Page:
I had an English assignment for my schoolwork to write a 500 word essay about an odyssey in my life time, a book report on one of two short stories, or about the topic I chose. I chose to write about "Why do wars start and how does it effect those involved? In conclusion, describe your own personal preference in viewing or listening to fiction or drama." I got an 80% on the essay, but I was pretty proud of it anyways so I figured I would post it here. But honestly, I hate book reports and I'm not sure what an odyssey is so that's why I picked this topic. At least I posted before I even said I would!
I come from a military family. From the top of my head, I can name one great-grandfather, three grandfathers, three uncles, two aunts, a cousin, and my father who were all in the military at some point in time. Most of them have been in one war or another. I suppose that's why my heart doesn't truly understand why wars have to happen, even if I understand the logical side.
All wars do have a reason though. Usually, it's because one country doesn't agree with the way another country is being run. The countries bicker and then they break out the guns. The body count grows, the ground is stained with blood, and tears for the lost and the dead are shed by billions. No matter the reason behind it, good or bad, it always hurts those involved. Somebody always gets a hero's burial, provided they can find the body.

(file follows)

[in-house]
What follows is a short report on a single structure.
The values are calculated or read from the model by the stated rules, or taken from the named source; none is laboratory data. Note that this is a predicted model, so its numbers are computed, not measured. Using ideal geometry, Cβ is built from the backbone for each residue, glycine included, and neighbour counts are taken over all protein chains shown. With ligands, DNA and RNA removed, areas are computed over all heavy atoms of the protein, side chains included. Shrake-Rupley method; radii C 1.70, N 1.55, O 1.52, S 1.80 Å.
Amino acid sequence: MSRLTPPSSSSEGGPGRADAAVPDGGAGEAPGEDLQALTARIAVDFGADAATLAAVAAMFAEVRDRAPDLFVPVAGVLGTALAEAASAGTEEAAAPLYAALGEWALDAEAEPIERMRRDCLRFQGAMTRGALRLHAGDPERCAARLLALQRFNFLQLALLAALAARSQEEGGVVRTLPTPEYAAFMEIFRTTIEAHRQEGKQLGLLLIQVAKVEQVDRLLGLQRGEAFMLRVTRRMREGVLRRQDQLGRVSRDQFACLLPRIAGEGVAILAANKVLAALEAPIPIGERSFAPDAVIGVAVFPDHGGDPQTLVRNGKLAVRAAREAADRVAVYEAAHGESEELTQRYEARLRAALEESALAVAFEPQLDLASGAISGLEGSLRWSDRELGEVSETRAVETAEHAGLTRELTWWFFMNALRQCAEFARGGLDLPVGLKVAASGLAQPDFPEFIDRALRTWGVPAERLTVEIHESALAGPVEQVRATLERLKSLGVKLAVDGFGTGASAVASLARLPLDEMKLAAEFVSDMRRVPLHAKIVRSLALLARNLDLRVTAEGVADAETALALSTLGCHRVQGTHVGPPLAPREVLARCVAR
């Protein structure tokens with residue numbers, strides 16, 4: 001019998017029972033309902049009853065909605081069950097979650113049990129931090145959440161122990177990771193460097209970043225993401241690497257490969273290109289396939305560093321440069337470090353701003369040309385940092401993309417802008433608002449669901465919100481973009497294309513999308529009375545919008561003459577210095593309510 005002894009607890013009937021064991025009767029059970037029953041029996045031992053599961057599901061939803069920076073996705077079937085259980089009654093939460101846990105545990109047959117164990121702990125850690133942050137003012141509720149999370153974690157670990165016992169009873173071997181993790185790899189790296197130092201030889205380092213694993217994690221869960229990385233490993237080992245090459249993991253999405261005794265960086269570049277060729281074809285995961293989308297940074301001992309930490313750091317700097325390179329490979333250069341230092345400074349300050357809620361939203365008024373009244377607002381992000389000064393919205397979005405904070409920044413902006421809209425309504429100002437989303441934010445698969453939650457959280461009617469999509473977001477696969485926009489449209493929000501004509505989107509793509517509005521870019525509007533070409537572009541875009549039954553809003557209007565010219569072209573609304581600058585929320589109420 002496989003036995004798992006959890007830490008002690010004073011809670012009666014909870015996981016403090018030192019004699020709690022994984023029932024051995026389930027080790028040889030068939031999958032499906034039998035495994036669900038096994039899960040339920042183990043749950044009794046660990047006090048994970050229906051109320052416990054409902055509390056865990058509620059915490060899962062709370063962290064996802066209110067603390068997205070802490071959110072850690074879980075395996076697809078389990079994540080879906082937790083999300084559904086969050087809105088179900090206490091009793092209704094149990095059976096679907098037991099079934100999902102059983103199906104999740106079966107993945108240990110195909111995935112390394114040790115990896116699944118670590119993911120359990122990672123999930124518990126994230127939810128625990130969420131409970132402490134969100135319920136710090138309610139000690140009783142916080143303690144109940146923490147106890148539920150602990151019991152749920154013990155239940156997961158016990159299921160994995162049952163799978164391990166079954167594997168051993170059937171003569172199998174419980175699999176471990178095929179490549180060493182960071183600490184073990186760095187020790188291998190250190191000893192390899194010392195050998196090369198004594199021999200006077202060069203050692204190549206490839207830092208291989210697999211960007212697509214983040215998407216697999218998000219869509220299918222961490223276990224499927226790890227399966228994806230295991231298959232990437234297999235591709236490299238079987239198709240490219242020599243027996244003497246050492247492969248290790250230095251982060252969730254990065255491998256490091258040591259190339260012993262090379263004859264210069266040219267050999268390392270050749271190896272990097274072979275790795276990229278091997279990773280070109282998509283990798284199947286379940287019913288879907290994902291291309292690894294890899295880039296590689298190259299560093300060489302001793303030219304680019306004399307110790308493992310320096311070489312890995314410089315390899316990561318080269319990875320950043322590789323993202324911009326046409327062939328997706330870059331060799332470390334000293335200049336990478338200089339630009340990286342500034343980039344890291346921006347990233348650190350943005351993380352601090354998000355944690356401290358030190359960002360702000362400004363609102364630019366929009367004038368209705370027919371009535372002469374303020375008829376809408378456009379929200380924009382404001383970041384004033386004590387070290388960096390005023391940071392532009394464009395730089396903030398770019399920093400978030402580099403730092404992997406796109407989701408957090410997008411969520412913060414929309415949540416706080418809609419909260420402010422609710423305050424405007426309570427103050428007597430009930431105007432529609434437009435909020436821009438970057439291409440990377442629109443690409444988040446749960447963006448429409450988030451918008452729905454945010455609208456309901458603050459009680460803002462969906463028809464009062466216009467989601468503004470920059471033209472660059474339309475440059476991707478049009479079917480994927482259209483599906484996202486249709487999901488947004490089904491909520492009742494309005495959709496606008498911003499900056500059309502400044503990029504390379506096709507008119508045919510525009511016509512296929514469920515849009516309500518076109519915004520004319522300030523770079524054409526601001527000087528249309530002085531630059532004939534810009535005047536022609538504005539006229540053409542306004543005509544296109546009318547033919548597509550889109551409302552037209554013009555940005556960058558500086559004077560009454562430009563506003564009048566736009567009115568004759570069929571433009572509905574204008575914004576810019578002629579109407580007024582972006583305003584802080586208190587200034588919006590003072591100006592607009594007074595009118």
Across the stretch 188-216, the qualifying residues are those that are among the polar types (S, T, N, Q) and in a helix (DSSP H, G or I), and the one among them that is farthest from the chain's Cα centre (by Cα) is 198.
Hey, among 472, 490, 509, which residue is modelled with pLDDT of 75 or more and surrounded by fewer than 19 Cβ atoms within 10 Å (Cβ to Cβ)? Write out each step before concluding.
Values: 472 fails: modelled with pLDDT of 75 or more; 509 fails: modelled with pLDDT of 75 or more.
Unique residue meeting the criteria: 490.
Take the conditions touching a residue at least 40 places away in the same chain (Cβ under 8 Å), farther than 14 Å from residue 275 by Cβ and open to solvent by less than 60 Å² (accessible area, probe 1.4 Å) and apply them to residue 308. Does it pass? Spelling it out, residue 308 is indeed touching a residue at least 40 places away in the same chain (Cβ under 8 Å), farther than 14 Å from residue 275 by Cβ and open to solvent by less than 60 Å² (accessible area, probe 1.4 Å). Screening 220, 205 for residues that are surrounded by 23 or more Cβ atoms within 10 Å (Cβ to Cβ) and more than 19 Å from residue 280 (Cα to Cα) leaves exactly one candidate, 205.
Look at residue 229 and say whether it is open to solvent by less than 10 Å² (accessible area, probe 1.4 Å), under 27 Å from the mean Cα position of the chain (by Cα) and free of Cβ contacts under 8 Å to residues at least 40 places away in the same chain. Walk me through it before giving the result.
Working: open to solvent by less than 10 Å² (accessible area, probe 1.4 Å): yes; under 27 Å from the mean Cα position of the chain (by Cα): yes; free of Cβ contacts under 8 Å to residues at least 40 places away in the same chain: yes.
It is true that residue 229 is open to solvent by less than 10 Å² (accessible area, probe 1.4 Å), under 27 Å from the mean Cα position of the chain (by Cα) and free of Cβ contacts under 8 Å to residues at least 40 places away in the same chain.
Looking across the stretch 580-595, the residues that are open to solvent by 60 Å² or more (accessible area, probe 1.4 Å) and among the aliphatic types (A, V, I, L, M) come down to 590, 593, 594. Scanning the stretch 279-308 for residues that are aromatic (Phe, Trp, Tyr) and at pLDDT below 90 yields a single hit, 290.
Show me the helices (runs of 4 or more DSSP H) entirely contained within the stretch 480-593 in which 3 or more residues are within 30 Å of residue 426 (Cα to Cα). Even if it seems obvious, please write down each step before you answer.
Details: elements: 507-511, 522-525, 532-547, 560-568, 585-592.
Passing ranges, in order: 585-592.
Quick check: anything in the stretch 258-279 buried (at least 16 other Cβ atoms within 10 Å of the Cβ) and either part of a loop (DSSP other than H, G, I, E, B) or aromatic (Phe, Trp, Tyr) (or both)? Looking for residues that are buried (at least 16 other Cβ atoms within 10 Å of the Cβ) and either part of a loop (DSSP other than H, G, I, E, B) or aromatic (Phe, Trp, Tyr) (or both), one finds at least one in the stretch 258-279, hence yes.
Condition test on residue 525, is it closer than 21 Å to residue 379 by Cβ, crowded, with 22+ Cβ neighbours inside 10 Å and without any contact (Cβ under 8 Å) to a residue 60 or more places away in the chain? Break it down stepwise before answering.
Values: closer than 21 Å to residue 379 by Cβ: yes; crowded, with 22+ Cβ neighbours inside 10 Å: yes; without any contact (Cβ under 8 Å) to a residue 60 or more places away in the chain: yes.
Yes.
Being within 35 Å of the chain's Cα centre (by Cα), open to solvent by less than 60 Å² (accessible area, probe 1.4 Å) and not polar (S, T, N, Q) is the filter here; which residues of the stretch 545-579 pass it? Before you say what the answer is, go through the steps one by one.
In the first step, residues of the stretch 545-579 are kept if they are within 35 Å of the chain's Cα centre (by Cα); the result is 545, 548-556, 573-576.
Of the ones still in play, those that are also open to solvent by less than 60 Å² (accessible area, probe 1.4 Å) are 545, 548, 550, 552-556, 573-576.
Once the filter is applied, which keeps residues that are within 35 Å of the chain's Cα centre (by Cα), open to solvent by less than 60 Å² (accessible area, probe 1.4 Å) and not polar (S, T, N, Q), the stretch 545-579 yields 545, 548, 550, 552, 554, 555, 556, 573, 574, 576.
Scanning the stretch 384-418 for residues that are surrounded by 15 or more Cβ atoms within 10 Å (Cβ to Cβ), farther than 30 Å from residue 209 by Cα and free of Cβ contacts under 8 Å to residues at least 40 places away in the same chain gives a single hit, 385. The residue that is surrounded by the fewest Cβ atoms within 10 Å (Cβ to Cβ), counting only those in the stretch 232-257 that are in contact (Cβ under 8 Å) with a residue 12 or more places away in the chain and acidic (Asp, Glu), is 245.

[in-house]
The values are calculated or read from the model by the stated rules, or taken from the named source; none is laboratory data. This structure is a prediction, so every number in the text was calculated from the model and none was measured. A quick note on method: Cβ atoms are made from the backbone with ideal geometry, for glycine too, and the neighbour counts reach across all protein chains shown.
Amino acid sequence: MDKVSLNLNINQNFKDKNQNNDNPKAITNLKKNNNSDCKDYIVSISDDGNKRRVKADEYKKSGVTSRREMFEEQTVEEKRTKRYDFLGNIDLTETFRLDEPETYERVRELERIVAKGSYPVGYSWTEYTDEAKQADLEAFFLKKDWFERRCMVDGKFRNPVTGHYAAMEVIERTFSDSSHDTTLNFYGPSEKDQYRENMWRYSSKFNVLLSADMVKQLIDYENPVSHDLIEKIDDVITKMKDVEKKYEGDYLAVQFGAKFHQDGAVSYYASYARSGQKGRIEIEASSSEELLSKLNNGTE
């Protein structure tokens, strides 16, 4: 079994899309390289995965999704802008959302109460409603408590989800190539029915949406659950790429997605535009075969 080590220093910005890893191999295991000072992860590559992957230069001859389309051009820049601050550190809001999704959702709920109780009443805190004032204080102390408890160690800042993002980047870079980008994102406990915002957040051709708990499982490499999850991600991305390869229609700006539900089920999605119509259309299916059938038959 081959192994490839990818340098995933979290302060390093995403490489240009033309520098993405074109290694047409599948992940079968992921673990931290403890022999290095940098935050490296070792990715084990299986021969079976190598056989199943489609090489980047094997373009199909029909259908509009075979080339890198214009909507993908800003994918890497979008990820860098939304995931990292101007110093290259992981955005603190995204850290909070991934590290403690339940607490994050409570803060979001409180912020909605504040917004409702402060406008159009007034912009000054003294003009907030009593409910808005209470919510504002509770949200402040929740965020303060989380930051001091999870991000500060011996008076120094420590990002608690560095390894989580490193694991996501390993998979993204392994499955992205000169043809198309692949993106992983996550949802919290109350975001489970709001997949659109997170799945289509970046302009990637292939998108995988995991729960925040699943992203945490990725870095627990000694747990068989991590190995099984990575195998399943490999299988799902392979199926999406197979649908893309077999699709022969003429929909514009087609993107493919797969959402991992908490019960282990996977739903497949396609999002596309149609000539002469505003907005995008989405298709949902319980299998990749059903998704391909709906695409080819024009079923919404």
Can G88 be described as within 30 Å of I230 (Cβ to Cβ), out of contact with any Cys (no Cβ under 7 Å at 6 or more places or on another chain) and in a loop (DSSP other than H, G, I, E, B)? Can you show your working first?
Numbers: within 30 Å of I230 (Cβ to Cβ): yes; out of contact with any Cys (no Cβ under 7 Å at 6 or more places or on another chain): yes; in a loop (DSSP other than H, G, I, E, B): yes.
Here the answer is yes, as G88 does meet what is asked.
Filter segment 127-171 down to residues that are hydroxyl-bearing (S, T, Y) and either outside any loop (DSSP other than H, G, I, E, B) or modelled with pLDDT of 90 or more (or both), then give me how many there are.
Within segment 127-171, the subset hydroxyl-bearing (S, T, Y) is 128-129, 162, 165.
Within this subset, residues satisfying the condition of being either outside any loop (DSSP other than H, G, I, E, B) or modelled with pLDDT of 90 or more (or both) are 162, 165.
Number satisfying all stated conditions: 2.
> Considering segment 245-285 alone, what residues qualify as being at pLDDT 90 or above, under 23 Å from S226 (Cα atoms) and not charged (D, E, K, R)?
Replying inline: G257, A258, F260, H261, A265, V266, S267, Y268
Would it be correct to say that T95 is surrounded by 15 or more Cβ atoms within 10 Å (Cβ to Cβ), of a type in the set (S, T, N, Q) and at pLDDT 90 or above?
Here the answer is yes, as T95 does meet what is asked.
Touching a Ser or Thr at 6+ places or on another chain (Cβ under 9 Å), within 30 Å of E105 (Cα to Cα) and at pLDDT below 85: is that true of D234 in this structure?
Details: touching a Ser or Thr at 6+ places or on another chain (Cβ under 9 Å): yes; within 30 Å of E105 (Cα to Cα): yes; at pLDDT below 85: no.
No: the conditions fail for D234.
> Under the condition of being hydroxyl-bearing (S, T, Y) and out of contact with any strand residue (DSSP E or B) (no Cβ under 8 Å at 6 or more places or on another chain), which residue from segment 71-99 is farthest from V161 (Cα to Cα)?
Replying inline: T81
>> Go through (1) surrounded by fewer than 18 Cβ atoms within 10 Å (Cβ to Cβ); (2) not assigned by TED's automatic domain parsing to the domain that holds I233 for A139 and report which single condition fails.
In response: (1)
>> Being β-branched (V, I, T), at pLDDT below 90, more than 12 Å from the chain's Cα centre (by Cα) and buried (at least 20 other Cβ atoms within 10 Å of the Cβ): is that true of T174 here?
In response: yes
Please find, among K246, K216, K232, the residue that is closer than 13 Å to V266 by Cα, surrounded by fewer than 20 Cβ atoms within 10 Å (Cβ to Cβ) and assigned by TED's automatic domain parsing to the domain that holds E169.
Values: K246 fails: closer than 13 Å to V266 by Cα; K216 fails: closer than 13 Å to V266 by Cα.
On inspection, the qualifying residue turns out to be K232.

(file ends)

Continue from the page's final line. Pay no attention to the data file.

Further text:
The Vietnam War, in specific, started because South Vietnam and North Vietnam were fighting over whether the country should be communist or not. My grandfather fought in that war because America took North Vietnam's side while China was defending South Vietnam. It is a lucky and an amazing thing, that another World War wasn't started because extra countries jumped in as allies. The war ended almost four decades ago but my grandfather has never recovered, so I find it hard to believe most veterans truly have.
It's not something that he likes to talk about. The few times anyone has gotten him to speak, he's had whiskey in one hand and a dark look on his face. I can't even imagine all the things that he and his comrades must have seen on the battlefield. Children killed, friends killed, maybe even himself in his nightmares. The war ended in 1975, but he was one of the men sent on the ground to search for snake pits. He's even scared of worms now, in fear they're small snakes in disguise. I used to garden with him as a little girl and he made sure, above all else, I never touched a worm, just in case.
I think the worst part about the fact that he was involved in a war that didn't even affect his home country, is that he lost that fight. South Vietnam eventually won and so did communism. Millions of people lost their lives, figuratively and literally. After all, when you're off in another country fighting a war, time doesn't stay still in your own home. Not to mention the psychological damage or the financial resources that were used during that time.
Knowing what I do about wars has a strong impact on who I am. I loathe violence, whether I'm reading about it or watching it. I'm the type of person who wants to be surrounded in happy or silly things, like Disney movies or stuffed animals. I suppose part of me just wants to hold onto that innocence of not knowing why worms should never be touched, just in case.